How the 1970s Remade the West

The West today, it is often said, is embroiled in crisis. Some see a crisis of liberal democracy, and worry about a reversal of the democratizing trends seen after 1989; others perceive a rupture in the “liberal international order” that has sustained the West since 1945. But as Simon Reid-Henry argues in Empire of Democracy, today’s challenges are better understood by looking at the early 1970s: a period at the height of the Cold War when the postwar social contract was torn up and written anew.

With a sweeping, transnational perspective, Empire of Democracy offers an alternative history of the modern West, showing how the upheavals of the 1970s brought forth a new political-economic order—and how the tensions between liberalism, capitalism, and democracy have culminated in the succession of crises facing the West today.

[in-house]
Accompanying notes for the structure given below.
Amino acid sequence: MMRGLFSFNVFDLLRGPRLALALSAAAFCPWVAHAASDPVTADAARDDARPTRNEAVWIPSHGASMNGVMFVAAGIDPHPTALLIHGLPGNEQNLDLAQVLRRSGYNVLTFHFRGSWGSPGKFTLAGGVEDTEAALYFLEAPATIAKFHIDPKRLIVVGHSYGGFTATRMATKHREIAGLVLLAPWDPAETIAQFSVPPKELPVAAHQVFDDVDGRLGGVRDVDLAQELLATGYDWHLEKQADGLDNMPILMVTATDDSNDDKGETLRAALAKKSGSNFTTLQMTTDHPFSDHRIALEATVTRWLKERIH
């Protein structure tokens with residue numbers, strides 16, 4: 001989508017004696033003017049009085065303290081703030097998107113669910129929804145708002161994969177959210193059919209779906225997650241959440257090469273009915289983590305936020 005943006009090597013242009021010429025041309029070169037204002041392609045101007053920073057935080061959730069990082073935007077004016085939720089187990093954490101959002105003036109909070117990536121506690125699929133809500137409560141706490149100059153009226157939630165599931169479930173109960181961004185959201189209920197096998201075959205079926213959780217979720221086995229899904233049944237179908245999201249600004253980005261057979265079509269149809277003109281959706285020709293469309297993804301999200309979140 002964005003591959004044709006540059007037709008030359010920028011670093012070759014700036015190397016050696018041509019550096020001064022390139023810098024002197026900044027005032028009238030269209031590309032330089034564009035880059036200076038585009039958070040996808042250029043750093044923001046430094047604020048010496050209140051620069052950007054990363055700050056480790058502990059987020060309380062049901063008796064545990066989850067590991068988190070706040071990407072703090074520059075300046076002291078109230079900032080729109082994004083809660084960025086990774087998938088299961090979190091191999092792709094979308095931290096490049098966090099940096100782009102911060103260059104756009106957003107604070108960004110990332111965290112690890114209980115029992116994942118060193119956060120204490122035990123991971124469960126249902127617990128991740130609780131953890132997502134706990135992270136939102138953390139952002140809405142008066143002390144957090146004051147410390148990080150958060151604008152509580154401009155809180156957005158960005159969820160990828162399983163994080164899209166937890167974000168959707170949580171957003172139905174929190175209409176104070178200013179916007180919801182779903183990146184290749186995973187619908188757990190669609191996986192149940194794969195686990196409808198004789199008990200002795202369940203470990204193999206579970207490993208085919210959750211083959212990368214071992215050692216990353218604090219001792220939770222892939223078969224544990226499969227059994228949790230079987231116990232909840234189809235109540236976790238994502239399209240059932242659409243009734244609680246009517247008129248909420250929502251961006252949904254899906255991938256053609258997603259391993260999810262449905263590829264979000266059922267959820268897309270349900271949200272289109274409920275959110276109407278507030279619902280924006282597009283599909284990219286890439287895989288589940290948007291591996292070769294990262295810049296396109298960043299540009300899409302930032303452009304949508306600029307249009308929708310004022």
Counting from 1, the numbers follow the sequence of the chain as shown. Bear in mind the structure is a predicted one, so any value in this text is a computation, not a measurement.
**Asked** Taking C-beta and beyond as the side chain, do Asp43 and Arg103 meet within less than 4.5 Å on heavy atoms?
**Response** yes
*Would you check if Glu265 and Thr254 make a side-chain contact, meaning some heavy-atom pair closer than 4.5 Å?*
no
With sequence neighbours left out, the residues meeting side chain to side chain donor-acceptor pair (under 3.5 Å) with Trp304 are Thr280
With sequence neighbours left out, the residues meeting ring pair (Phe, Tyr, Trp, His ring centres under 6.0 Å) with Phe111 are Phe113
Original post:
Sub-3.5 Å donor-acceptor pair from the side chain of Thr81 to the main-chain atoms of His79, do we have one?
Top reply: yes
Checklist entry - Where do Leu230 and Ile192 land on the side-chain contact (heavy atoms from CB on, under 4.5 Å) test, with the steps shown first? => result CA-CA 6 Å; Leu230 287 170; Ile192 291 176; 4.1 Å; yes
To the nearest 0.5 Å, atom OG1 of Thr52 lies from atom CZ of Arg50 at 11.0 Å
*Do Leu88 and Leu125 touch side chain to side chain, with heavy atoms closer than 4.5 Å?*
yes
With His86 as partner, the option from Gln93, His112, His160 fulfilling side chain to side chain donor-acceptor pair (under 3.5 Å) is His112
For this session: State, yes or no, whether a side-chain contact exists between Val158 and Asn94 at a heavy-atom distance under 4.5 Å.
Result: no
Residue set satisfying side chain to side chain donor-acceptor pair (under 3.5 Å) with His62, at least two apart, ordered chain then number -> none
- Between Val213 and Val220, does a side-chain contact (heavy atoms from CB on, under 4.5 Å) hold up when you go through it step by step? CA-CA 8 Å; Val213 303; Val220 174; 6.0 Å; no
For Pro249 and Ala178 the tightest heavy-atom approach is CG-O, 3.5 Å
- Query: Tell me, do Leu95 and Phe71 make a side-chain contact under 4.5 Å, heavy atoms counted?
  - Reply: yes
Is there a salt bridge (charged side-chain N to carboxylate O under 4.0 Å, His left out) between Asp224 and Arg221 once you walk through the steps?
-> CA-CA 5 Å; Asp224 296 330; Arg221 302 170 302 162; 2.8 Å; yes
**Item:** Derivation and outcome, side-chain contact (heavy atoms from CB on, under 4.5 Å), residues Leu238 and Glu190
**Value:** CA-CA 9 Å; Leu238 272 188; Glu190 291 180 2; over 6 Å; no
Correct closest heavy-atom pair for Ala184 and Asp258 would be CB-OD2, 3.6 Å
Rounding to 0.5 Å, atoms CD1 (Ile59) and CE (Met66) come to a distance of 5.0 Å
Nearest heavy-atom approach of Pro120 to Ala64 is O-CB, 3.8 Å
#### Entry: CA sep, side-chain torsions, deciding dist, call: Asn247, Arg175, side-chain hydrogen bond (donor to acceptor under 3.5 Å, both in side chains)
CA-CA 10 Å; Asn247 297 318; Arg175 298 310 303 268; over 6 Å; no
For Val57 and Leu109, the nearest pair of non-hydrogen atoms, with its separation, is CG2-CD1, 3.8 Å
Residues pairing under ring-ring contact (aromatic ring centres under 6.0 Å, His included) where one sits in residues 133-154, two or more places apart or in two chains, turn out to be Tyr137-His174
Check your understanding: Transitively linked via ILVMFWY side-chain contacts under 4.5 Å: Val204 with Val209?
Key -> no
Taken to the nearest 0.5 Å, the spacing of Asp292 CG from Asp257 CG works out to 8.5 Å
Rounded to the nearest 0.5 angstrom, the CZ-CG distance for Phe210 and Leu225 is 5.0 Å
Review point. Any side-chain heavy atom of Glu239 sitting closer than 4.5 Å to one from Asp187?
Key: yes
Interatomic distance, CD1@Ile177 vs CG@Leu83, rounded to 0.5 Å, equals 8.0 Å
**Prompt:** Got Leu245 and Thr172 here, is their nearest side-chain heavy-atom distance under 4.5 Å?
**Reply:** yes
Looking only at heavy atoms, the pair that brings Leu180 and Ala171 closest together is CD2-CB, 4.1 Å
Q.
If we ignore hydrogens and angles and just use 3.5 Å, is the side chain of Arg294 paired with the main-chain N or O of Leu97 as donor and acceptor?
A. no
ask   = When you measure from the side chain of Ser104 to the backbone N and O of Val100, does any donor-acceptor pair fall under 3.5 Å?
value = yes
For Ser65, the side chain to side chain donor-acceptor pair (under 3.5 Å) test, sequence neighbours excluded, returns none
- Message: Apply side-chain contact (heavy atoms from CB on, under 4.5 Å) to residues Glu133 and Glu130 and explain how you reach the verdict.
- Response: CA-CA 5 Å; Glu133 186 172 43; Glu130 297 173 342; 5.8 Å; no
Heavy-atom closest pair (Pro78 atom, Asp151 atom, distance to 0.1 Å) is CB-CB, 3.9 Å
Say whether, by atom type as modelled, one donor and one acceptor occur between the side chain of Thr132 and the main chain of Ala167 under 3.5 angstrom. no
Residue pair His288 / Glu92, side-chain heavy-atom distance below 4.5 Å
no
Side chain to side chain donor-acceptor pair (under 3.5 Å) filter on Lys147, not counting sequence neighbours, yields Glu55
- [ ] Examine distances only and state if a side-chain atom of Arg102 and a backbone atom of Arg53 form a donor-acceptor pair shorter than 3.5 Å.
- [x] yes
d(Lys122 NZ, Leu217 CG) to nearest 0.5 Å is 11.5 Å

Simon Reid-Henry is Associate Professor at Queen Mary, University of London, and he joins Richard Aldous this week to discuss the book. Be sure to tune in, and don’t forget to subscribe to the podcast on iTunes, where you can leave a review, and follow Simon Reid-Henry (@sreidhenry) and @aminterest on Twitter.

Published on: July 19, 2019
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We are a participant in the Amazon Services LLC Associates Program, an affiliate advertising program designed to provide a means for us to earn fees by linking to Amazon.com and affiliated sites.